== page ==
At the same time, congressional pressure on baseball increased. Congressman Emanuel Celler (D., N.Y.) continued to issue sharply critical views, and there was growing apprehension among baseball men that the game's privileged status was in peril. Some of these men said privately that is was not inconceivable that "crackpot legislators" might one day declare the game a monopoly and thus destroy baseball's sine qua non, the reserve clause.

Fears mounted as a Senate committee entered the picture and began calling witnesses. Fortunately, however, baseball found an able spokesman in Charles D. (Casey) Stengel of the New York Yankees. Stengel parried the probing questions of the Senators in a masterful way, turning aside the most insistent demands for his views by recalling anecdotes out of his 48-year career in baseball. When he declared at one point that the Japanese were trying to play baseball with short fingers, the Senators were so taken aback by this seeming irrelevancy that they never really recovered. The inquiry was later recessed and the baseball magnates breathed easier.

But there were other irritating developments on the baseball scene, notably the publication in September of the celebrated Furlong Air Vent Papers. The Furlong Papers, as everyone knows, contained a detailed account of proceedings at the traditionally secret meetings of the 'major leagues as they were overheard by William Furlong of the Chicago Daily News, who was eavesdropping at an air vent in a room adjoining the meeting chamber. As is well known, the Furlong Papers shocked the major league club owners—not that they were of a sensational nature, but because they revealed that the discussions among baseball's best brains consisted largely of aimless chatter devoid of conclusion.

In October, baseball's luck seemed to have changed at last. There was one of the most thrilling World Series in the history of the game—again there was a brilliant performance (as field manager this time) by Charles D. (Casey) Stengel of the New York Yankees—and at the same time there was evidence of a strong hand at the top of baseball administration. Although sick in bed with a virus, Baseball Commissioner Ford Frick had watched the games over television. From this prone position, he now slapped fines 1) on the entire Milwaukee team for publicly discussing their plans for dividing their Series money and 2) on Ryne Duren, a New York pitcher, for making a gesture of disrespect toward an umpire. This combination of a great Series and forceful action by the commissioner was hailed by baseball men as evidence that the game was never in a better or a stronger position.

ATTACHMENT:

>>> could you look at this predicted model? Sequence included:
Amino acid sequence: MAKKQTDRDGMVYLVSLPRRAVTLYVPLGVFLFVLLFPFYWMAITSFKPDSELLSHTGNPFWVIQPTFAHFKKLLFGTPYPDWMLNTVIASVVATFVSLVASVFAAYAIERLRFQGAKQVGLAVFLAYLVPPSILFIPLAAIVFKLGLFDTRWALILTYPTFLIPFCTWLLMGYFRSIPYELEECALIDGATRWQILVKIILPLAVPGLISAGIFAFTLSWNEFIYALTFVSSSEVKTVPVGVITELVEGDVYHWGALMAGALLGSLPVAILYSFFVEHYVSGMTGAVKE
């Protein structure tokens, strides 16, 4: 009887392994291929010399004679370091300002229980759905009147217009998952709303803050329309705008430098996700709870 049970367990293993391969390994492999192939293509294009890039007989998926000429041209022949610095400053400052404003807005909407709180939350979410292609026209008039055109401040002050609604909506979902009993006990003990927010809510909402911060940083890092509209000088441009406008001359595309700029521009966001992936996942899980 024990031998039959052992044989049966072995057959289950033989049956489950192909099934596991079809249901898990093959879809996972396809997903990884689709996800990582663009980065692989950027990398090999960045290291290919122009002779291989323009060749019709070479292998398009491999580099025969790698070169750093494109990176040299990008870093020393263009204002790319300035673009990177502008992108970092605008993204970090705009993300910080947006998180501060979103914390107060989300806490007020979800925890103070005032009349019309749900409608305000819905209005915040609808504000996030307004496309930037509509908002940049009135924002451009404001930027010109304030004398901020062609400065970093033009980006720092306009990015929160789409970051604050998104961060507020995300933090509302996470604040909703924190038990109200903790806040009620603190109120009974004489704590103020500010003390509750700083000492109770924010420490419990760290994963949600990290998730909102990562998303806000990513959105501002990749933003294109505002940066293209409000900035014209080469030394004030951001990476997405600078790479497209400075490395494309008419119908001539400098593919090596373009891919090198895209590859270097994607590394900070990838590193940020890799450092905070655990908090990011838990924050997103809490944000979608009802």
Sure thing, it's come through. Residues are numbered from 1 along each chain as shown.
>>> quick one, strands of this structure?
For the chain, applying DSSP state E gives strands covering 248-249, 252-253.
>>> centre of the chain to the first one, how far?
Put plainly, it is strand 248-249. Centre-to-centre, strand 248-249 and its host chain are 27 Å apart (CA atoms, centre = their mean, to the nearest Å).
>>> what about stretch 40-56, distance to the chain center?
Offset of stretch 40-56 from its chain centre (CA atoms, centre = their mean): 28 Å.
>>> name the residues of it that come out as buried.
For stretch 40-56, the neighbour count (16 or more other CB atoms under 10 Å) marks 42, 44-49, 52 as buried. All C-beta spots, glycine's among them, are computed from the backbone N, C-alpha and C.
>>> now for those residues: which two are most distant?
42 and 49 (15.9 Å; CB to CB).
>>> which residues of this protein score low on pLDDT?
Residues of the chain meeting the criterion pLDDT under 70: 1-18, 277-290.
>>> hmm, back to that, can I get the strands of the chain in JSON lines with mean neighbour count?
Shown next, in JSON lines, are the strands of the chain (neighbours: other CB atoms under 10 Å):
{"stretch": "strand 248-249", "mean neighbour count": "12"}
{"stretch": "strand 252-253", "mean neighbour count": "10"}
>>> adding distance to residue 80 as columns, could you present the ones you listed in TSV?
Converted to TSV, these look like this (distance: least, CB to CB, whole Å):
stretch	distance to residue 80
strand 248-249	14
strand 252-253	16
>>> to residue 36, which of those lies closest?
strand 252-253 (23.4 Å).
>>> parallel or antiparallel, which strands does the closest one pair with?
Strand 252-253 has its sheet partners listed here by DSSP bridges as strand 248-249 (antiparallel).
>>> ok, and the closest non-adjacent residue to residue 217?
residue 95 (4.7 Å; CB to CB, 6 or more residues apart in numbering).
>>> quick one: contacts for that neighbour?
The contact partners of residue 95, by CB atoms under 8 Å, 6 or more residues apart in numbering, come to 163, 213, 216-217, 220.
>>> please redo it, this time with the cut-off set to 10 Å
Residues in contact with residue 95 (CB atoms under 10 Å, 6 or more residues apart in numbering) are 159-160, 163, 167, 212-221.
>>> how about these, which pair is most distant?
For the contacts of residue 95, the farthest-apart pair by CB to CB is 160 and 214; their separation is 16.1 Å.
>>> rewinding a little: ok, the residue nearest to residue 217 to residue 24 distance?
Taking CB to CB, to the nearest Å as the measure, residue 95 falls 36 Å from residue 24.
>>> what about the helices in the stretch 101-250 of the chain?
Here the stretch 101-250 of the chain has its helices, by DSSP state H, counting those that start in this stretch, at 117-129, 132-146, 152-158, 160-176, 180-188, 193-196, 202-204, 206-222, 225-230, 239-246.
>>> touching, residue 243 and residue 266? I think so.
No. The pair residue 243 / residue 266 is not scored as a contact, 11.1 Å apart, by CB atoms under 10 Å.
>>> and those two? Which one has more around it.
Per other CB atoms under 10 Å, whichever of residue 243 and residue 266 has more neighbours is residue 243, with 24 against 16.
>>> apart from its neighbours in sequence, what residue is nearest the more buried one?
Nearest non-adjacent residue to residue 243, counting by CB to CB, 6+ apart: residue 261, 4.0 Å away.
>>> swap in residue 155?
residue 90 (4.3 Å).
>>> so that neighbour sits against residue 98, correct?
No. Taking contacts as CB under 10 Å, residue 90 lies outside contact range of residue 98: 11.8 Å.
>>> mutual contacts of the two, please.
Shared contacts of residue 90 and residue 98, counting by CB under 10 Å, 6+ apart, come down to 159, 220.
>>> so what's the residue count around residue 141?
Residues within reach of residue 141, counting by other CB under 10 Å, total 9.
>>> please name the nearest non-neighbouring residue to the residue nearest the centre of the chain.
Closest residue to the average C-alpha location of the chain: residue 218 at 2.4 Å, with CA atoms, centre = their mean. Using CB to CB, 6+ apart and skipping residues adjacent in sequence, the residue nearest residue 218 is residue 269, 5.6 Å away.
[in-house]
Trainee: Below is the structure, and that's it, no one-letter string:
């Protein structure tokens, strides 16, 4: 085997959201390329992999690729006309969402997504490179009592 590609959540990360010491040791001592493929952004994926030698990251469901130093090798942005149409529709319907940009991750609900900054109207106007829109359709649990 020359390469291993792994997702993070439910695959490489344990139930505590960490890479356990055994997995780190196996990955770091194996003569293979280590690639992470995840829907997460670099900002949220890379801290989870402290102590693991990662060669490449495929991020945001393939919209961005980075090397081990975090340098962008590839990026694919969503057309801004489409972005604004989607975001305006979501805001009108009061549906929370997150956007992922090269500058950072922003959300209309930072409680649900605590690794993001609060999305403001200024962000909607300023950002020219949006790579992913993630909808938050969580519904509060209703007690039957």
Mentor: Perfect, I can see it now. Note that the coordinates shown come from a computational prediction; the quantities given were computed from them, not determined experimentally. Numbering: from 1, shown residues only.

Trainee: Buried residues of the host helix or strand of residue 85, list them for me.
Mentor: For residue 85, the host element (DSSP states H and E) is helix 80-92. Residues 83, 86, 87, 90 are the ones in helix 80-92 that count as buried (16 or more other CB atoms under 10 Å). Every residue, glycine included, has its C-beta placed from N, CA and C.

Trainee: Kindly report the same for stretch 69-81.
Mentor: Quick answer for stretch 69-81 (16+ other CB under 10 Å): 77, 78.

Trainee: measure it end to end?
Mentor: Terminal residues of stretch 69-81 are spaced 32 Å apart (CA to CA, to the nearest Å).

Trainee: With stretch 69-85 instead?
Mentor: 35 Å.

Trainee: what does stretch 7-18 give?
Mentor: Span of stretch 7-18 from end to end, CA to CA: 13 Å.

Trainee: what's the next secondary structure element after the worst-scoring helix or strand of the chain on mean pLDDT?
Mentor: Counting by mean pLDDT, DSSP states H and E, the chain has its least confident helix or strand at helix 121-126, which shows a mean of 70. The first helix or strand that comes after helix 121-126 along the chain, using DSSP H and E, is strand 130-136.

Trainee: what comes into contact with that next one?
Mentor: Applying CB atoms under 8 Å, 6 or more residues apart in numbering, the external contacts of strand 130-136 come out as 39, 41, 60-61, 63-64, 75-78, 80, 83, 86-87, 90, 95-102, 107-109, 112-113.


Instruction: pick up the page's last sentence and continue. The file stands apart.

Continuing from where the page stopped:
Then the roof fell in again. In November, members of a committee appointed by the mayor of New York called a press conference and denounced the National League, declaring that it had no intention of putting a team into New York ever. Then the committee members said they were going ahead with plans for a third major league, with or without the sanction of Organized Baseball. Baseball people and many oldtime sportswriters hooted at the idea of an outlaw league. In Cincinnati, National League President Warren Giles issued a statement that came to be known as the Giles Pooh-Pooh Doctrine. Giles said that he saw no need for the National League to expand now or in the future and "pooh-poohed" the third league as a wild and impractical dream.